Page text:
More Tales of Yarn Organization

Keeping my yarn neat, organized, and safe from my cats is a constant struggle. I keep trying new things in hopes that this one will be the magical solution I’ve been hoping for. My latest endeavor is a combination of tactics. I have the bags with sock yarn and patterns from my sock of the month club, which is working out nicely. Then I have some similarly packaged yarn and patterns on the other half of my old toy box (which works great, the cats happily sleep away on the toy box with no idea that yarn is stashed safely inside). This is for yarns that have assigned projects (the FLS, the Hey Teach! cardigan, and another cardigan). While this system was working, I still had to figure out something for my yarns that were not assigned to specific projects.

My previous system was apple boxes from the grocery store where I work. Anyone with experience with apple boxes knows that these are among the premier boxes you can hope to obtain when getting boxes from the grocery store (egg boxes are pretty good too, in case you were wondering, or planning to move sometime, ask specifically for apple boxes and egg boxes, trust me on this one). However, I just tossed yarn in the boxes and forgot about it, which made it extremely unlikely that it would ever get used.

While at the in-laws, I came across several of the big, plastic things that sheets, and other bedding comes in. You know, they are like boxes, but made out of plastic and with zippers. The in-laws had recently purchased some new bedding for the rental villa that they own, and had four of those. I added that to the one I had from a recently purchased mattress pad.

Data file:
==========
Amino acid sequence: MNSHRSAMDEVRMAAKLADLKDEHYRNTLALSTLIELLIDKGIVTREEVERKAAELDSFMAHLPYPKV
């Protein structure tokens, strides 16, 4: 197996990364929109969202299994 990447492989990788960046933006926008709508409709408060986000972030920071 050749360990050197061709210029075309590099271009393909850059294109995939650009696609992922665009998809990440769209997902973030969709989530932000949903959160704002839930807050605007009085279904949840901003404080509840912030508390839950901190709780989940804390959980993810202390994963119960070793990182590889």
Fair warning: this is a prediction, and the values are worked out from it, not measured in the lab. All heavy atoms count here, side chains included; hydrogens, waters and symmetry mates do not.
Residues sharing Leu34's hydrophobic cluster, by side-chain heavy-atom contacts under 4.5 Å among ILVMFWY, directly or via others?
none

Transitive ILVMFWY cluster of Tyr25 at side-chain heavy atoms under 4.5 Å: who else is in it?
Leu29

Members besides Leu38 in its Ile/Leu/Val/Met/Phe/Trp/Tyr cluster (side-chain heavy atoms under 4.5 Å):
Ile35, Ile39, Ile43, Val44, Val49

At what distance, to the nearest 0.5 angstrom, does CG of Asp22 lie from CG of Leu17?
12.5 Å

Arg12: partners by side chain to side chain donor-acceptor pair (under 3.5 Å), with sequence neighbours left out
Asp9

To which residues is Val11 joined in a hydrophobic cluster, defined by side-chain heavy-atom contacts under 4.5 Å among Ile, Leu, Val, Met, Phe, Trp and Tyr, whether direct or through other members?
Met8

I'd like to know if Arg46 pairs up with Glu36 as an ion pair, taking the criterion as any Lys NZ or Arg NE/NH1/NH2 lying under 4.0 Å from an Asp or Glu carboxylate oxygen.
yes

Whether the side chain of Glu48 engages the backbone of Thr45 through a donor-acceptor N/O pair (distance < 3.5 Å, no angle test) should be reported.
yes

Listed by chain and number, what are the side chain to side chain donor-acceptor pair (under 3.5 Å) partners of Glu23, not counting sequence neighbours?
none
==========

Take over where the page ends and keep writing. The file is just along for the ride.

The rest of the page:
After stashing the yarns that had already been assigned projects, I sorted the rest by weight, making separate piles for worsted, sport, dk, fingering (non-sock), and lace yarns. Each was placed in one of the bags, and labeled with the weight of the yarn.

It works pretty well, the bags are clear, so I can see what is inside of each one, and they are stackable for easy storage.

However, the yarn was not nearly as safe as I had hoped. Someone already managed to chew a hole in the side of the lace weight yarn (and of course, the lace weight, the easiest to tangle and biggest pain to untangle). But since these bags should be stacked in the closet, with the door shut, this should not be a huge problem. I’ll patch the hole with some packing tape, and see how that goes.

This project brought about another boon too. While digging through the yarn boxes, I discovered a stash of worsted weight golden brown yarn that will be prefect for a project that I’m planning. (and yes, for those who are wondering, that is Vanna White on the yarn labels, she’s an avid crocheter and has her own line of yarns through Lion Brand).

I’m making an afghan for one of my oldest friends as a wedding gift. I want to make the Yggdrasil Blanket, by Lisa Jacobs. It is a wonderfully complex pattern with lots of cabling (which most likely makes poor husband shudder when remembering the string of profanities that came out of my mouth the last time I made a cabled afghan). The tree motif reminds me of this particular friend, who is very outdoorsy. 

As luck would have it, the yarn is very close to the color that I was planning on buying for this project. And, it is an acrylic yarn, which personally, I’m not overly fond of (I prefer natural fibers), but acrylic is durable and machine washable, two things which make it great for this particular friend, who bless her heart, I cannot imagine that girl hand-washing a blanket. The wedding isn’t until the end of October, but I want to get started right away so I can work on it at my leisure, in between other projects.

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